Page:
Also blurred together are the Court's stated reasons for going to the top of the sentencing range on the assault charge with the actual departure on criminal history. The defendant's conduct may be so heinous that the Court feels compelled to remark upon it, but unless that conduct is relied upon to increase the offense level points, the Court's comments are directed to the exercise of discretion within the sentencing range, not to a justification of a departure. The departure here is in criminal history category, and is explained by the extensive tribal court record of the defendant which is not assigned any points in the computation of criminal history.
Frequently "departures" are treated generically, without the district court having selected any basis determined by reference to the offense level or the criminal history category. The test for the validity of these departures is as set out in United States v. Decora, 177 F.3d 676, 678 (8 th Cir. 1999) where the discretion of the district court is weighed against the aggregate sum of the circumstances taking the case outside of the "heartland" of the Guidelines. Greater precision is realized when the sentencing court does, as here, make a specific adjustment to a Guideline measure.
One additional level was assigned because of the Court's analysis of the severity of the injury to Mary Moore. A factual basis exists for the determination made by the Court. The two level enhancement for "restraint" was based upon the facts recited in the PSR, and the finding is supported by credible evidence. Waugh taunted the victim, encouraged her to try to escape, locked the doors to the residence and pinned her with her arms behind her back. The Court cites to U.S.S.G. 5K2.0 as authority. This section relates to upward departures, not enhancements. However, adding two levels for restraint is permissible under U.S.S.G. 3A1.3, as the use of restraint is not an. element of the assault offense itself. See U.S.S.G. 3Al.3, commentary (n. 2); Eighth Circuit Criminal Instruction 6.18.111. The confusion between departure and enhancement and the use of the wrong citation appears harmless error.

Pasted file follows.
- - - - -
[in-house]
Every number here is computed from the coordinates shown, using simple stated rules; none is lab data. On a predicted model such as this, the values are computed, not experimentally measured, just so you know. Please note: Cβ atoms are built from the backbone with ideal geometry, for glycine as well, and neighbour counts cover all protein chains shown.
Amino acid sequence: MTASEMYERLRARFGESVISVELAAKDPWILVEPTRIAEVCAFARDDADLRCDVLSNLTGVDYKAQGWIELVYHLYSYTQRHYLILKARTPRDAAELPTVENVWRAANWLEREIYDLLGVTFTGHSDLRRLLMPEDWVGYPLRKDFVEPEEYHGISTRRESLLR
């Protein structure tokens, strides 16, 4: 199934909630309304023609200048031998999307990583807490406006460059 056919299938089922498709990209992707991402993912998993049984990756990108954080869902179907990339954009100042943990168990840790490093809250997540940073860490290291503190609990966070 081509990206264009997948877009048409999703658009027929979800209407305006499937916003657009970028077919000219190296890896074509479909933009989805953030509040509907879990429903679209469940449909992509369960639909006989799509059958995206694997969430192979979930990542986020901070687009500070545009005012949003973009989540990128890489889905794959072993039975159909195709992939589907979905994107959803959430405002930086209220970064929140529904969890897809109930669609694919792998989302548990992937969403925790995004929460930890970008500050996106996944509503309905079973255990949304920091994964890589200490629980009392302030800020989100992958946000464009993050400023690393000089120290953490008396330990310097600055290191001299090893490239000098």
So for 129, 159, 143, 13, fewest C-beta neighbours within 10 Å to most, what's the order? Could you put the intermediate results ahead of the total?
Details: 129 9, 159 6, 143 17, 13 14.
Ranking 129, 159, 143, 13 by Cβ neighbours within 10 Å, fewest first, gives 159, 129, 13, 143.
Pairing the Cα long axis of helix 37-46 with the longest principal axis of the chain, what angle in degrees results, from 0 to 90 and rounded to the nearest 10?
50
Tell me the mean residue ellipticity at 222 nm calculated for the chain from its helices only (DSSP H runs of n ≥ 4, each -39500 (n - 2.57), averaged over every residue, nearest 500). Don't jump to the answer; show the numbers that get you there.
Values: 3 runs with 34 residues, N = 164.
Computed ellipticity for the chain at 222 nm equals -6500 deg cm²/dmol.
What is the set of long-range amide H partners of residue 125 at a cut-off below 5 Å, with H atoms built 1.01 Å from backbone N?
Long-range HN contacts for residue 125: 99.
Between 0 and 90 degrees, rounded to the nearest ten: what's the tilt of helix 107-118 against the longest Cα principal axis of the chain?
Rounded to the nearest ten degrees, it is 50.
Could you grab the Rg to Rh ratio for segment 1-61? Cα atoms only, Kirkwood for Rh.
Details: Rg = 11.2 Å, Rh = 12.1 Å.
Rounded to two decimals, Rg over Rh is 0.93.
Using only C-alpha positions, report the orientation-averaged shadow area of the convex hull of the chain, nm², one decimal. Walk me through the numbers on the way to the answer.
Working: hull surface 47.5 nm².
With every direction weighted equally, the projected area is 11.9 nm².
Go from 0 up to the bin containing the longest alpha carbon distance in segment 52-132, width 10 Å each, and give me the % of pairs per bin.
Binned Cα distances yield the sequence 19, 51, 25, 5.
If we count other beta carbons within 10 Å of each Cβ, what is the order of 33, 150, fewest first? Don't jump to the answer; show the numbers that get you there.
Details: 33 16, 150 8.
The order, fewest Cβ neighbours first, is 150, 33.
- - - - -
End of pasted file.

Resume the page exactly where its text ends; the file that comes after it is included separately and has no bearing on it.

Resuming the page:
The District Court departed upward in the assigned criminal history category from a IV to a VI. The recitations in the PSR provide the factual basis for this determination that the computation understates the nature of the defendant's history and of his danger to society. The PSR cited the adequacy of criminal history category as a possible ground for upward departure. At sentencing the Court specifically found that the defendant's criminal history category was inadequate. (ST 90-92, 97) Tribal Court convictions are not assigned points in the computation of criminal history category U.S.S.G. 4A1.2(I). At times these convictions are based on uncounseled guilty pleas, entered for the purpose of leaving the jail, and should not be counted. Where, however, as here, the incidence of alcohol inspired assaultive behavior is frequent, the district court may properly consider the listing of these convictions in its decision to upward depart. See U.S.S.G. 4A1.3.
The Guidelines do not require grouping in all situations. Where, as here, the offenses involved different victims, were separated in time, and involved dissimilar conduct, grouping is not appropriate and the court retains the discretion to sentence either consecutively or concurrently. U.S.S.G. 3d1.2. In United States v. Rugh, 968 F.2d 750,755 (8 th Cir. 1992) this Court stated "The primary focus in determining whether counts involve substantially the same harm, and therefore should be grouped, is whether the counts involve the same victim and same act or transaction."
United States v. Fire Thunder, 908 F.2d 272 (8 th Cir. 1990), involved both a pre-guidelines count of illegal sexual contact and a later guideline count of similar activity. The sentencing court departed upwards on the guidelines count and imposed a sentence consecutive to the non-guideline count sentence. The Court recites:
"Fire Thunder argues, relying on the Guidelines, that the district court abused its discretion by making the sentences consecutive. Assuming that the Guidelines cover this fact situation, we disagree. Fire Thunder's offenses do not involve the same victim and the same act. One of the offenses is not a lesser included charge of the other or similar thereto. Neither of the offenses is a sentencing characteristic of the other. Finally, the offense levels for these offenses are not determined largely on the basis of total harm or loss involved, like, for example, drug offenses." Id. at 274.
The sentence imposed is substantial. We find the enhancements and the departure supported by appropriate evidence and the consecutive sentences within the discretionary power of the District Court.